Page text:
A Note on Removal: If you ultimately want to remove bees from your home (maybe you’re allergic or the hive is located somewhere problematic), don’t call an exterminator. Instead, have the hive removed and relocated. Bee relocation typically costs $75–$200.

How to Create a Bee-Friendly Yard

Close-up of a wattle tree’s yellow flowers
Photo: Simon McGill / Moment / Getty Images

There are also many actions you can take towards promoting the bee population. Check out these five tips on how to create a bee-safe garden.

1. Grow Native Plants

To attract bees and other pollinators to your lawn, plant a variety of flowers that bloom at different times of the year. For an easy swap, switch out non-native flowering plant species with their native counterparts, as native plants are more pollinator-friendly and thrive better locally. 

To help you with your landscape renovation, develop a landscaping plan that includes plantings that help support and encourage native pollinators, and don’t forget that there are some excellent trees to plant for pollinators, too.

If you’re not sure which plants are native and grow best in your region, visit a local garden shop or contact a landscaping pro near you to help you create a bee haven. Avoid larger chain stores, as they sometimes treat their plants with pesticides and other chemical treatments to preserve the life of the plants, which can have a negative impact on the health of honeybees and other pollinators.

2. Avoid the Pesticides, Chemical Fertilizers, and Herbicides

Speaking of chemical treatments, it’s worth repeating that you should refrain from using any of these products in your garden. Pesticides and herbicides don’t just kill unwanted plants and pests; they also kill bees, the microbes that promote plant life, and other animals. 

Chemical fertilizers (also called synthetic fertilizers) deplete your soil of essential nutrients, make soil conditions acidic, and seep into the groundwater—all of which affect the quality of the pollen that bees need to survive. 

3. Add a Water Element 

Bees need water just like we do, so providing them with a nearby water source will encourage them to linger around your garden, pollinating your plants. This is your chance to finally get that beautiful water feature you’ve always wanted for your garden.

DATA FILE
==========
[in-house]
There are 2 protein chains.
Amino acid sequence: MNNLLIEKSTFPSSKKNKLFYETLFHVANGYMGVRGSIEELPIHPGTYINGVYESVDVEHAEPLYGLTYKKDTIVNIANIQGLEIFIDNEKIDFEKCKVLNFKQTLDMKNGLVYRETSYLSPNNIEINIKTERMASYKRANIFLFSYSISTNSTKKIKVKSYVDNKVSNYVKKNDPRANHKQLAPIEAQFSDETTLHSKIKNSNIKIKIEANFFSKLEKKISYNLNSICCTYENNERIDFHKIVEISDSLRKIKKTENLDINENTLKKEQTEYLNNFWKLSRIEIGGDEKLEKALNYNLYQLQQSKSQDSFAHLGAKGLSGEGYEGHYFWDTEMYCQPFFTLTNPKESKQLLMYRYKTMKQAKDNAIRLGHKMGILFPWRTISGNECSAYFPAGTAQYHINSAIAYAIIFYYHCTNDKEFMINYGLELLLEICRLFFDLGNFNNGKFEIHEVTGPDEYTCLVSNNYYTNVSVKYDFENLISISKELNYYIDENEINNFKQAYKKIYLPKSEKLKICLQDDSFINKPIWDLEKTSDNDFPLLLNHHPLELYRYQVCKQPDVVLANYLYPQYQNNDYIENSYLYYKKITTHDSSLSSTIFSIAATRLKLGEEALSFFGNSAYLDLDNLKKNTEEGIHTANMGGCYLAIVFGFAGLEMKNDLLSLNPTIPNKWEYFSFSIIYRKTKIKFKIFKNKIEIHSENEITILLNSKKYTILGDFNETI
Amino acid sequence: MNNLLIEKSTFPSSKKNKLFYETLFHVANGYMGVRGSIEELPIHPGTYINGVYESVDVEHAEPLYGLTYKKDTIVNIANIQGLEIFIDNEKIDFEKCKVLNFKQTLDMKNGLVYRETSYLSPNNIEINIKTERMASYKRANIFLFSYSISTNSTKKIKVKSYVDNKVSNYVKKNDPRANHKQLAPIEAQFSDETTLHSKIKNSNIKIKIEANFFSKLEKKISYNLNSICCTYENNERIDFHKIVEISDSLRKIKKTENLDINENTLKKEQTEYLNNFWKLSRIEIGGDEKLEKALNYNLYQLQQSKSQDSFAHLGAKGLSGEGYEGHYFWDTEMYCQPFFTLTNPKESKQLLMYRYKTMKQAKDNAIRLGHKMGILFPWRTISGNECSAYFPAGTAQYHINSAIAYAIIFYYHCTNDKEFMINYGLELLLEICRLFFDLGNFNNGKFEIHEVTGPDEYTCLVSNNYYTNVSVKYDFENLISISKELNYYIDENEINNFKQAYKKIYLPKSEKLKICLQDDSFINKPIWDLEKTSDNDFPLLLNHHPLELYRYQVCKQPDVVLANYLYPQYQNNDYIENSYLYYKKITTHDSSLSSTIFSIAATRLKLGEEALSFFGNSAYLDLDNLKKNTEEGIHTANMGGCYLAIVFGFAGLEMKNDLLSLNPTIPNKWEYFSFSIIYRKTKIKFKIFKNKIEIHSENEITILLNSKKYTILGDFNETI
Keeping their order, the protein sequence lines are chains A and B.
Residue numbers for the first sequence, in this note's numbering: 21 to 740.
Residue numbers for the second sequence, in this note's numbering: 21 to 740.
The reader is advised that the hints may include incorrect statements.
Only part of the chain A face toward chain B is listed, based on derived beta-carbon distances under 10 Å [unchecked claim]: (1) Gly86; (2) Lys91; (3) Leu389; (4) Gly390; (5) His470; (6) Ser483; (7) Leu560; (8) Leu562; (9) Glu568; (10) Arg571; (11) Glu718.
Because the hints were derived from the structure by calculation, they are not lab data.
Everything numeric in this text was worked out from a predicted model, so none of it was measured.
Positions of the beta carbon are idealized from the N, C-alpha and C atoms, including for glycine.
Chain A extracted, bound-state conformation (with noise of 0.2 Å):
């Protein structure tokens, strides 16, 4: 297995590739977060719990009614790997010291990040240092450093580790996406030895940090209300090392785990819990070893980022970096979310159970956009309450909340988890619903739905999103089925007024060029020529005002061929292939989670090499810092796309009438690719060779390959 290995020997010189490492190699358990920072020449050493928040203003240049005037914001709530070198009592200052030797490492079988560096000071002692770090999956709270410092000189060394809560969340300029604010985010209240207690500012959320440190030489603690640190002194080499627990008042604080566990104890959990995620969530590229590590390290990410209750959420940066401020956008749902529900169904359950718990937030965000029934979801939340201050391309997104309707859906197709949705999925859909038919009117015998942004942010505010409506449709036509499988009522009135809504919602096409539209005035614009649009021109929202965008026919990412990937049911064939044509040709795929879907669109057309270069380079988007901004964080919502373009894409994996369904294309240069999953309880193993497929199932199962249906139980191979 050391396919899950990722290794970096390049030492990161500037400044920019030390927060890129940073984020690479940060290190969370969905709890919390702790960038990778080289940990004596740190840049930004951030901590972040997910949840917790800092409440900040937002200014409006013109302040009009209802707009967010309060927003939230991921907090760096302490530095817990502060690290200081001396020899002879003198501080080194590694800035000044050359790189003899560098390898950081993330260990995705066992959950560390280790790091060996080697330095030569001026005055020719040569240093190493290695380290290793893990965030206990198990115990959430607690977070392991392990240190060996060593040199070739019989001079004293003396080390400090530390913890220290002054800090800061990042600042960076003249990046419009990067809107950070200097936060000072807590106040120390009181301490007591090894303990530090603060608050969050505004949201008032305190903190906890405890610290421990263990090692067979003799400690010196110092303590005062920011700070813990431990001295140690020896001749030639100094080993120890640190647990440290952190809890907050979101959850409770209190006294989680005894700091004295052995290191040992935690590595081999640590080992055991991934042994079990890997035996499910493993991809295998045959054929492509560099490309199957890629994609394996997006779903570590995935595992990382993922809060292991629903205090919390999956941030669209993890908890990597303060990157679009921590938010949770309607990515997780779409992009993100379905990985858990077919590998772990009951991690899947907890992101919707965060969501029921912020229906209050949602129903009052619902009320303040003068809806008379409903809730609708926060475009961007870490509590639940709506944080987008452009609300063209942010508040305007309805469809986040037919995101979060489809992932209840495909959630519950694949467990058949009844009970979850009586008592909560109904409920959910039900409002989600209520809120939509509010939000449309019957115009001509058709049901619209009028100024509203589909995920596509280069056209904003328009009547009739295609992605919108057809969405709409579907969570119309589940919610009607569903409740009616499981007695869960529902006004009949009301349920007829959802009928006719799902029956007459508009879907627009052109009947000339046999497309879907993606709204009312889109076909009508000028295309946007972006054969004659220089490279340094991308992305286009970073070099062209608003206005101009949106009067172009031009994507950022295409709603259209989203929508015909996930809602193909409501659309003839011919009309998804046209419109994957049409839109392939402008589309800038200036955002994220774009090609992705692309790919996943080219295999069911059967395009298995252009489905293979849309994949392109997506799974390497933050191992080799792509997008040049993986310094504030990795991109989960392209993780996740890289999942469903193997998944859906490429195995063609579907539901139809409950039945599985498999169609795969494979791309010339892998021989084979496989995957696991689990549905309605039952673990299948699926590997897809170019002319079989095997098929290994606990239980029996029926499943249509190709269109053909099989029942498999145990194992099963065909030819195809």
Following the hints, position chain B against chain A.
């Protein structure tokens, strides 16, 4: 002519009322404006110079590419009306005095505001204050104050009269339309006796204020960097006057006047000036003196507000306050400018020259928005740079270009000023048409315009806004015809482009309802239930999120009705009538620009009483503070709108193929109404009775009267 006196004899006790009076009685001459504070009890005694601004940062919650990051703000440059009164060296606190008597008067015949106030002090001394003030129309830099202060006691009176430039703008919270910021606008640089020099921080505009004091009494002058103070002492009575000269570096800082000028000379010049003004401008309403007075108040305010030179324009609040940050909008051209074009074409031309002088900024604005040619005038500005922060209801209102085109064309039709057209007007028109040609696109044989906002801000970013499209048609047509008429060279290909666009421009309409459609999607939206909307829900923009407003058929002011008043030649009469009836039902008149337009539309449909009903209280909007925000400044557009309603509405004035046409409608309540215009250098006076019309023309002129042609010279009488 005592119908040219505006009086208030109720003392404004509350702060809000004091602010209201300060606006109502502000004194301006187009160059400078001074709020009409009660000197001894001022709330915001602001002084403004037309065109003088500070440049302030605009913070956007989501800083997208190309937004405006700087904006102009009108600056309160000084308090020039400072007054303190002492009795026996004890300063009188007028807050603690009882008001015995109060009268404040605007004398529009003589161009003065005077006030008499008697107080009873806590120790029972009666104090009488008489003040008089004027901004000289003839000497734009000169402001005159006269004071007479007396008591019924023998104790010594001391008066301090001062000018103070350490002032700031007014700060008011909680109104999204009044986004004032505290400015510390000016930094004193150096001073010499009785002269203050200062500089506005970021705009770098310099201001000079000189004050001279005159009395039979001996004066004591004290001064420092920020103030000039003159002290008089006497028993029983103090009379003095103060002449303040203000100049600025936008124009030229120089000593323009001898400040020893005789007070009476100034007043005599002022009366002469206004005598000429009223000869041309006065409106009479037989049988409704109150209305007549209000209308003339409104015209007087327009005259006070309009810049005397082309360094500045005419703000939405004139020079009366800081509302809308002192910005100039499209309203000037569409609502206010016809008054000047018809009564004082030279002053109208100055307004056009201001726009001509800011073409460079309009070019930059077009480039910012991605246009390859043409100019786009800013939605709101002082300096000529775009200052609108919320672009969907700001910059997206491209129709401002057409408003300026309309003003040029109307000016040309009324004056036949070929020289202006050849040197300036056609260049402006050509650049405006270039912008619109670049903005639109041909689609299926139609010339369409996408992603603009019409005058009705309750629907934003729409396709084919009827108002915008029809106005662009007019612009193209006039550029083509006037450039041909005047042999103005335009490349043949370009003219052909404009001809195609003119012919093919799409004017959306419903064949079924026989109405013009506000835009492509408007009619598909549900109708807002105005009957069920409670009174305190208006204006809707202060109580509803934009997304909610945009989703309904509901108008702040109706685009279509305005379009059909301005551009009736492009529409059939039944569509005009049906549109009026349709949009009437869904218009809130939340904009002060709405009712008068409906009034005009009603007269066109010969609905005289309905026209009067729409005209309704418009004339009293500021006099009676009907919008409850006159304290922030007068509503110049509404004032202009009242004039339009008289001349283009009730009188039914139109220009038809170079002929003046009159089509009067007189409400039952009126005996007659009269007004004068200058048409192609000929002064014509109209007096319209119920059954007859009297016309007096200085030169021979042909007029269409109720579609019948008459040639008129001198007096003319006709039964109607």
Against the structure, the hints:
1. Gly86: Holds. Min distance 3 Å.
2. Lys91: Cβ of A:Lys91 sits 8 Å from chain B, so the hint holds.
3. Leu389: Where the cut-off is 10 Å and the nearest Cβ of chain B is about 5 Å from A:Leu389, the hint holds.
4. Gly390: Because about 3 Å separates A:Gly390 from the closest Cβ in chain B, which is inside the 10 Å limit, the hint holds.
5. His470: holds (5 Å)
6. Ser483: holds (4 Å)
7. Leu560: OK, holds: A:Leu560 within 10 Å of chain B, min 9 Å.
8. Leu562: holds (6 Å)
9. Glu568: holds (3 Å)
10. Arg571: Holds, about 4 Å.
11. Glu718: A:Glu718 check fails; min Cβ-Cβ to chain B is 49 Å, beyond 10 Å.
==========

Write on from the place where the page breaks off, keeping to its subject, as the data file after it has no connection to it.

Just remember to keep the water levels low, avoid using fast-moving fountains and pumps, and add in some floating, flowering plants and other scenery to encourage bees to land for a sip.

4. Embrace the Weeds

What’s the difference between a weed and a flower, anyway? To bees, some weeds are just as attractive as other types of plants—if not more! A few bee-friendly weeds you want to keep in your garden include: 

  • Dandelions

  • Aster

  • Mustard

  • White clover

  • Red clover

  • Milkweed  

5. Build a Bee Box

If you’re feeling brave or have always had a soft spot for bees, then beekeeping is another option for creating a bee sanctuary on your lawn. Building a hive box for bees allows them to have a place to live while they bring all those previously mentioned perks to your landscaping.

How Much Does It Cost to Start Beekeeping?

Beekeeping equipment costs around $300 for the equipment and supplies, but you’ll need to maintain your beehive and keep up with its growth, so anticipate spending around $800 in the first year and around $150 per additional bee box as your hive expands.

Before you shop for a bee box, it’s a good idea to take a beekeeping class with a local beekeeping organization. This class will help you identify bee types in your yard, know what to look out for in the beehive as the bees grow, how many boxes to add and when, and how to keep safe from bee stings.